This self-image operates as a thermostat, helping us to regulate our doubts and insecurities. We are no longer completely dependent on others for attention and recognition. We have self-esteem. <span>This idea might seem strange. We generally take this self-image completely for granted, like the air we breathe. It operates on a largely unconscious basis. We don’t feel or see the thermostat as it operates. The best way to literally visualize this dynamic is to look at those who lack a coherent sense of self—people we shall call deep narcissists. In constructing a self that we can hold on to and love, the key moment in its development occurs between the ages of two and five years old. As we slowly separate from our mother, we face a world in which we cannot get instant gratification. We also become aware that we are alone and yet dependent on our parents for survival. Our answer is to identify with the best qualities of our parents—their strength, their ability to soothe us—and incorporate these qualities into ourselves. If our parents encourage us in our first efforts at independence, if they validate our need to feel strong and recognize our unique qualities, then our self-image takes root, and we can slowly build upon it. Deep narcissists have a sharp break in this early development, and so they never quite construct a consistent and realistic feeling of a self. Their mothers (or fathers) might be deep narcissists themselves, too self-absorbed to acknowledge the child, to encourage its early efforts at independence. Or alternatively the parents could be enmeshers—overinvolved in the child’s life, suffocating it with attention, isolating it from others, and living through its advancement as a means to validate their own self-worth. They give the child no room to establish a self. In the backgrounds of almost all deep narcissists we find either abandonment or enmeshment. The result is that they have no self to retreat to, no foundation for self-esteem, and are completely dependent on the attention they can get from others to make them feel alive and worthy. In childhood, if such narcissists are extroverts, they can function reasonably well, and even thrive. They become masters at attracting notice and monopolizing attention. They can appear vivacious and exciting. In a child, such qualities can seem a sign of future social success. But underneath the surface, they are becoming dangerously addicted to the hits of attention they stimulate to make them feel whole and worthy. If they are introverts, they will retreat to a fantasy life, imagining a self that is quite superior to others. Since they will not get validation of this self-image from others because it is so unrealistic, they will also have moments of great doubt and even self-loathing. They are either a god or a worm. Lacking a coherent core, they could imagine themselves to be anyone, and so their fantasies will keep shifting as they try on new personalities. The nightmare for deep narcissists generally arrives in their twenties and thirties. They have failed to develop that inner thermostat, a cohesive sense of self to love and depend upon. The extroverts must constantly attract attention to feel alive and appreciated. They become more dramatic, more exhibitionistic and grandiose. This can become tiresome and even pathetic. They have to change friends and scenes so that they can have a fresh audience. Introverts fall deeper into a fantasy self. Being socially awkward yet radiating superiority, they tend to alienate people, increasing their dangerous isolation. In both cases, drugs or alcohol or any other form of addiction can become a necessary crutch to soothe them in the inevitable moments of doubt and depression. You can recognize deep narcissists by the following behavior patterns: If they are ever insulted or challenged, they have no defense, nothing internal to soothe them or validate their worth. They generally react with great rage, thirsting for vengeance, full of a sense of righteousness. This is the only way they know how to assuage their insecurities. In such battles, they will position themselves as the wounded victim, confusing others and even drawing sympathy. They are prickly and oversensitive. Almost everything is taken personally. They can become quite paranoid and have enemies in all directions to point to. You can see an impatient or distant look on their face whenever you talk about something that does not directly involve them in some way. They immediately turn the conversation back to themselves, with some story or anecdote to distract from the insecurity behind it. They can be prone to vicious bouts of envy if they see others getting the attention they feel they deserve. They frequently display extreme self-confidence. This always helps to gain attention, and it neatly covers up their gaping inner emptiness and their fragmented sense of self. But beware if this confidence is ever truly put to the test. When it comes to other people in their lives, deep narcissists have an unusual relationship that is hard for us to understand. They tend to see others as extensions of themselves, what is known as self-objects. People exist as instruments for attention and validation. Their desire is to control them like they control their own arm or leg. In a relationship, they will slowly make the partner cut off contact with friends—there must be no competition for attention. Some highly talented deep narcissists (see stories starting on this page for examples) manage to find some redemption through their work, channeling their energies and getting the attention they crave through their accomplishments, although they tend to remain quite erratic and volatile. For most deep narcissists, however, it can be difficult to concentrate on their work. Lacking the self-esteem thermostat, they are prone to continually worrying about what others think of them. This makes it hard to actually focus attention outward for long periods of time, and to deal with the impatience and anxiety that comes with work. Such types tend to change jobs and careers quite frequently. This becomes the nail in their coffin—unable to attract genuine recognition through their accomplishments, they are forever thrown back on the need to artificially stimulate attention. Deep narcissists can be annoying and frustrating to deal with; they can also become quite harmful if we get too close to them. They entangle us in their never-ending dramas and make us feel guilty if we are not continually paying them attention. Relationships with them are most unsatisfying, and having one as a partner or spouse can be deadly. In the end, everything must revolve around them. The best solution in such cases is to get out of their way, once we identify them as a deep narcissist. There is one variety of this type, however, that is more dangerous and toxic, because of the levels of power he or she can attain—namely the narcissistic leader. (This type has been around for a long time. In the Bible, Absalom was perhaps the first recorded example, but we find frequent references in ancient literature to others—Alcibiades, Cicero, and Emperor Nero, to name a few.) Almost all dictator types and tyrannical CEOs fall into this category. They generally have more ambition than the average deep narcissist and for a while can funnel this energy into work. Full of narcissistic self-confidence, they attract attention and followers. They say and do things that other people don’t dare say or do, which seems admirable and authentic. They might have a vision for some innovative product, and because they radiate such confidence, they can find others to help them realize their vision. They are experts at using people. If they have success, a terrible momentum is set in place—more people are attracted to their leadership, which only inflates their grandiose tendencies. If anyone dares to challenge them, they are more prone than others to go into that deep narcissistic rage. They are hypersensitive. They also like to stir up constant drama as a means to justify their power—they are the only ones who can solve the problems they create. This also gives them more opportunities to be the center of attention. The workplace is never stable under their direction. Sometimes they can become entrepreneurs, people who found a company because of their charisma and ability to attract followers. They can have creative flair as well. But for many of these leader types, eventually their own inner instability and chaos will come to be mirrored in the company or group they lead. They cannot forge a coherent structure or organization. Everything must flow through them. They have to control everything and everyone, their self-objects. They will proclaim this as a virtue—as being authentic and spontaneous—when really they lack the ability to focus and create something solid. They tend to burn and destroy whatever they create. Let us imagine narcissism as a way of gauging the level of our self-absorption, as if it existed on a measurable scale from high to low. At a certain depth, let us say below the halfway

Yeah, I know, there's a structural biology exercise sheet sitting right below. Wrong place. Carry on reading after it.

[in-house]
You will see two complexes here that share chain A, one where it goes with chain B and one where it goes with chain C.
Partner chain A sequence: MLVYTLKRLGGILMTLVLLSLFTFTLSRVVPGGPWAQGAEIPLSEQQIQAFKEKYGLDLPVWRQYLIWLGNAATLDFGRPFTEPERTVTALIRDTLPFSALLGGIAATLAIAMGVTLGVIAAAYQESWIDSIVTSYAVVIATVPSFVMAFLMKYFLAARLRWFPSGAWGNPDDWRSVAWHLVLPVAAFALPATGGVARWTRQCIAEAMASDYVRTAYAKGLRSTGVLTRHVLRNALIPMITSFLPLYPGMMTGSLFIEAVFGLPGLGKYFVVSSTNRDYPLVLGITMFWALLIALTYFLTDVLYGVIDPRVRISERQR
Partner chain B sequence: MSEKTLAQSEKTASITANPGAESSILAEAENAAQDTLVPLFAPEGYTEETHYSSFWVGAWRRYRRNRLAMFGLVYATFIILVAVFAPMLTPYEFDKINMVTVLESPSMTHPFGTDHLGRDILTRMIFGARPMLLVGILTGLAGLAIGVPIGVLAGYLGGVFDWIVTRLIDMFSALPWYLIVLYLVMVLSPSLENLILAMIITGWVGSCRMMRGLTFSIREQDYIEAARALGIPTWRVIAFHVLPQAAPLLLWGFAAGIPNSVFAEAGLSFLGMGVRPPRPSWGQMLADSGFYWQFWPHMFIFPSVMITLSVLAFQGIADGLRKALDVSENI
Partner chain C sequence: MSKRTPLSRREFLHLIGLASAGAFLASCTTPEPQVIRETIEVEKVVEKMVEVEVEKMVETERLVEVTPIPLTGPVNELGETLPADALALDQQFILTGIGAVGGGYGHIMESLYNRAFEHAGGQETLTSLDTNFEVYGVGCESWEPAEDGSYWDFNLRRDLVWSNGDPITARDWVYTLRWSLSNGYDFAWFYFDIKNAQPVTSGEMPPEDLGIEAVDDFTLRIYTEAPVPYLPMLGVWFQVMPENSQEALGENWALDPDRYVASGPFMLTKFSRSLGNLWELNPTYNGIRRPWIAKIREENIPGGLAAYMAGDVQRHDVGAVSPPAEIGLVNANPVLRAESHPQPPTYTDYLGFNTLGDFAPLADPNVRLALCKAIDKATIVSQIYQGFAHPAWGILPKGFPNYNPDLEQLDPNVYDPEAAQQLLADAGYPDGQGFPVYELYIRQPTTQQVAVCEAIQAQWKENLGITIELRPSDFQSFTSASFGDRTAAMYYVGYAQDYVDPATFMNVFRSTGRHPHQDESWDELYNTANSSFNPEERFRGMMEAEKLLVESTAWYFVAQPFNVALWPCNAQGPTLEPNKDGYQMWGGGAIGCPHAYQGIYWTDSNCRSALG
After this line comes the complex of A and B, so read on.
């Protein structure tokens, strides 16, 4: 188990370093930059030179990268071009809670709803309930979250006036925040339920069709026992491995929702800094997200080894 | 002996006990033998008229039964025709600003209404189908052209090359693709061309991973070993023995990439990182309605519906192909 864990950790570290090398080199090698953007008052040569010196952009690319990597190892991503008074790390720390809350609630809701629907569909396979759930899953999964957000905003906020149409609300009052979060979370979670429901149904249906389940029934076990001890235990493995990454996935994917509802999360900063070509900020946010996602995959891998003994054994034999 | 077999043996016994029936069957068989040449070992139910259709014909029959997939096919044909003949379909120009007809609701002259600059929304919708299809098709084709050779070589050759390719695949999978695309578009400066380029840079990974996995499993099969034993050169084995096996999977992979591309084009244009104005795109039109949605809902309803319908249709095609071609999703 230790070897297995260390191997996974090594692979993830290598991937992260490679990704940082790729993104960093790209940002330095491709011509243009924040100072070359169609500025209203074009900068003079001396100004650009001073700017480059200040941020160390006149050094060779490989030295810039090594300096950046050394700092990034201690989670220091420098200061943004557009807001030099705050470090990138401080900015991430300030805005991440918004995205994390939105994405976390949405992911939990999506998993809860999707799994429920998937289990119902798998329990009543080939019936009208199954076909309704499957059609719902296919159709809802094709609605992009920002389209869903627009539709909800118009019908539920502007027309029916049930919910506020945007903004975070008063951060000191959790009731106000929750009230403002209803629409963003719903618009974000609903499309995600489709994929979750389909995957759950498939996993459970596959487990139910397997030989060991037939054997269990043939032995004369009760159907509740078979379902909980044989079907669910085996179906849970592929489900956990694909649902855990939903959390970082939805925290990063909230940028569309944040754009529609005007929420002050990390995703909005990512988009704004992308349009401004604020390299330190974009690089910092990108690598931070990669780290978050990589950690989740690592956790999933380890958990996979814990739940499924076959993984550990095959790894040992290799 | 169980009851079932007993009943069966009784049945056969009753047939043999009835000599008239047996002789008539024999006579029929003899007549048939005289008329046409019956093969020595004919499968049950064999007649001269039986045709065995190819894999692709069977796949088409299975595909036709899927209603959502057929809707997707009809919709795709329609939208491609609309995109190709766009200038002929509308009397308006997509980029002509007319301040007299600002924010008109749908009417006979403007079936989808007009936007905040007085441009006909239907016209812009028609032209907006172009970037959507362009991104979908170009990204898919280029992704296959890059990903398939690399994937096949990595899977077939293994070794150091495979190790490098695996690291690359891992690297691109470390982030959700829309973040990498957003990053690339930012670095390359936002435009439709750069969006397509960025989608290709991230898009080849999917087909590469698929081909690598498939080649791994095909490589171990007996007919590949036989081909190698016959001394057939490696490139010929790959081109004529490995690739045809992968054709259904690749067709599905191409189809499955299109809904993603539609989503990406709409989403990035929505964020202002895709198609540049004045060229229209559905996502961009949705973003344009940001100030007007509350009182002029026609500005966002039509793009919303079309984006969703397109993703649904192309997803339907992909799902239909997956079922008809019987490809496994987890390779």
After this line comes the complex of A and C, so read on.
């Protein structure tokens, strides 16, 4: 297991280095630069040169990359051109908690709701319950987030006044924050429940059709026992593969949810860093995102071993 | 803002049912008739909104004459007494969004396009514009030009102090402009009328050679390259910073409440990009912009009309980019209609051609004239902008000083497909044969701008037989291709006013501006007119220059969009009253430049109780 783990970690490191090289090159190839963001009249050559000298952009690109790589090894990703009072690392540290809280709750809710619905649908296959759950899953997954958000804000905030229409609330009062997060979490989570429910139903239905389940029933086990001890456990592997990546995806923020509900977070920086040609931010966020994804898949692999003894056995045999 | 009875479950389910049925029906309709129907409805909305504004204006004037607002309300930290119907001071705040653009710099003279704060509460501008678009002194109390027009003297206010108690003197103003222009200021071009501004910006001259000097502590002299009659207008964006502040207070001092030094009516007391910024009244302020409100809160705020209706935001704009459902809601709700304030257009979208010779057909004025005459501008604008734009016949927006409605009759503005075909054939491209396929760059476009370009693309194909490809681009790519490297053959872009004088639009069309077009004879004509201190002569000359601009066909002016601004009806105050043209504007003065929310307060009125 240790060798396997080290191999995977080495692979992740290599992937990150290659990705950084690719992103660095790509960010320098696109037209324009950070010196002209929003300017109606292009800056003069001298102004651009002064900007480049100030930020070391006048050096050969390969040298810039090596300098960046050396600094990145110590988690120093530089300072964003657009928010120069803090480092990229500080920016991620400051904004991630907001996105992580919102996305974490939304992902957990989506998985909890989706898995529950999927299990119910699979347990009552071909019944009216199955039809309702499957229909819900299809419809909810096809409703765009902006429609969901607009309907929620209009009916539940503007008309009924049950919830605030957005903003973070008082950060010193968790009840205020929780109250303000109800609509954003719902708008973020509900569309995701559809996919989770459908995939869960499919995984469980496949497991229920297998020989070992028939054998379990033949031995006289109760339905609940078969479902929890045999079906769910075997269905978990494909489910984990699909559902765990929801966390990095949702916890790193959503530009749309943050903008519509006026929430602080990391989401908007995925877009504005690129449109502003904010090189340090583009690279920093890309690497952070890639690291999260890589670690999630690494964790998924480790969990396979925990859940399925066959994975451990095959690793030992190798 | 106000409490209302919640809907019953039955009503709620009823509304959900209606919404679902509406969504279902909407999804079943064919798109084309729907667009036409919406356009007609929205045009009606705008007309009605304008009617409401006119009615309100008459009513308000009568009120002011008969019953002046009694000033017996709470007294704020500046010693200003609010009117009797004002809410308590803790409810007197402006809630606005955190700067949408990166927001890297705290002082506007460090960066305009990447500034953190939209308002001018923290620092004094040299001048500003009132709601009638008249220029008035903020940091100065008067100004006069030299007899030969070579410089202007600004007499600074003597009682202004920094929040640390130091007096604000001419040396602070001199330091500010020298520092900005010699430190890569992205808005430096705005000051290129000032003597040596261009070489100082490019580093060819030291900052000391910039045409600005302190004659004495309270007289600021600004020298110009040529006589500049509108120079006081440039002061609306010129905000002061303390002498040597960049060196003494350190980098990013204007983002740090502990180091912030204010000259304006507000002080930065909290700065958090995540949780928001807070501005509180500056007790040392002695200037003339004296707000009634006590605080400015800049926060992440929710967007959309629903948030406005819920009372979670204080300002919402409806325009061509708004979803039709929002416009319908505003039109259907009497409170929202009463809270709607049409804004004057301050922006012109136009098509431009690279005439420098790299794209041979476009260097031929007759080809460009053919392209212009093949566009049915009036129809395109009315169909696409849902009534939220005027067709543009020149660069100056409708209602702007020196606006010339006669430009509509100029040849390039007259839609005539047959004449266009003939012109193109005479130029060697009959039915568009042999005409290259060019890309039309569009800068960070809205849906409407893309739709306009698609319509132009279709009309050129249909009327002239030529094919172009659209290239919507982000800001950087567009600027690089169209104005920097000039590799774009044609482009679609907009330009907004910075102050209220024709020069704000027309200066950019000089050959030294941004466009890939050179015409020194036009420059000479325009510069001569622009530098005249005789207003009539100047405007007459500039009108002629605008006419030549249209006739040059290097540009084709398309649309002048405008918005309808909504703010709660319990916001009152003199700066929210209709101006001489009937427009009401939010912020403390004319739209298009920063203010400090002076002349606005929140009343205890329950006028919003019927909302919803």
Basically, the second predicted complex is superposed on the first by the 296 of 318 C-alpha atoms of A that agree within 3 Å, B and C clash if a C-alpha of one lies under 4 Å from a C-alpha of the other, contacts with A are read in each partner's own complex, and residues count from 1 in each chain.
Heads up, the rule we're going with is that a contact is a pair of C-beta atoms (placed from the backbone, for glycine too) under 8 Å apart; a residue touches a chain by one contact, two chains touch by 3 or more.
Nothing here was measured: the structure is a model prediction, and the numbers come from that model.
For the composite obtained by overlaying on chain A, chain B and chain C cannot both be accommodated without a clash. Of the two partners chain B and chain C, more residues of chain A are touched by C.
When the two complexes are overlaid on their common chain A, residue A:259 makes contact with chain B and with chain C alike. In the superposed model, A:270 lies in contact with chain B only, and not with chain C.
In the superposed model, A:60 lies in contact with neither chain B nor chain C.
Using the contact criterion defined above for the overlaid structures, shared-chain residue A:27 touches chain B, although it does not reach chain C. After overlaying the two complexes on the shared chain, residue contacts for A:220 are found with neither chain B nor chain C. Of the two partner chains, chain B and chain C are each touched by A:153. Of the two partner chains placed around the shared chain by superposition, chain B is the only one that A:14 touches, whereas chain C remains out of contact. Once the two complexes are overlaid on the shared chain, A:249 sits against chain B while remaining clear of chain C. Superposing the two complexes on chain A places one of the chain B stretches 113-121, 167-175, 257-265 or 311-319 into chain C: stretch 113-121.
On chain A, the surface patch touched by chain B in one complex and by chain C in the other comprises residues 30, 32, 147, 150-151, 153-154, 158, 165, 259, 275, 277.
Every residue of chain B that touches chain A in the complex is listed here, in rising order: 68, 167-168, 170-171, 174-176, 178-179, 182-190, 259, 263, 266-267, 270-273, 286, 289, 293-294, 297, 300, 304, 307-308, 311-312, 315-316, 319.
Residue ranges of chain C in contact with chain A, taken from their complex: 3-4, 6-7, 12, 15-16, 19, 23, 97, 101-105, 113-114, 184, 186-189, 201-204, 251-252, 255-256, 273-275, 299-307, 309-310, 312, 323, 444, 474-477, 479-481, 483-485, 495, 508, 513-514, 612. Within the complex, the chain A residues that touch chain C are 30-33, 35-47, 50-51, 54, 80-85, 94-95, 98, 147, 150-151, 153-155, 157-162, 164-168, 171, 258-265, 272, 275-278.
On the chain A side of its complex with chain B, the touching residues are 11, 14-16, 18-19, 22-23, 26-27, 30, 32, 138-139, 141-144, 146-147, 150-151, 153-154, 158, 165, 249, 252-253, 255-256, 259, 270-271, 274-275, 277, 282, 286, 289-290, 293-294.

Narcissism Tasks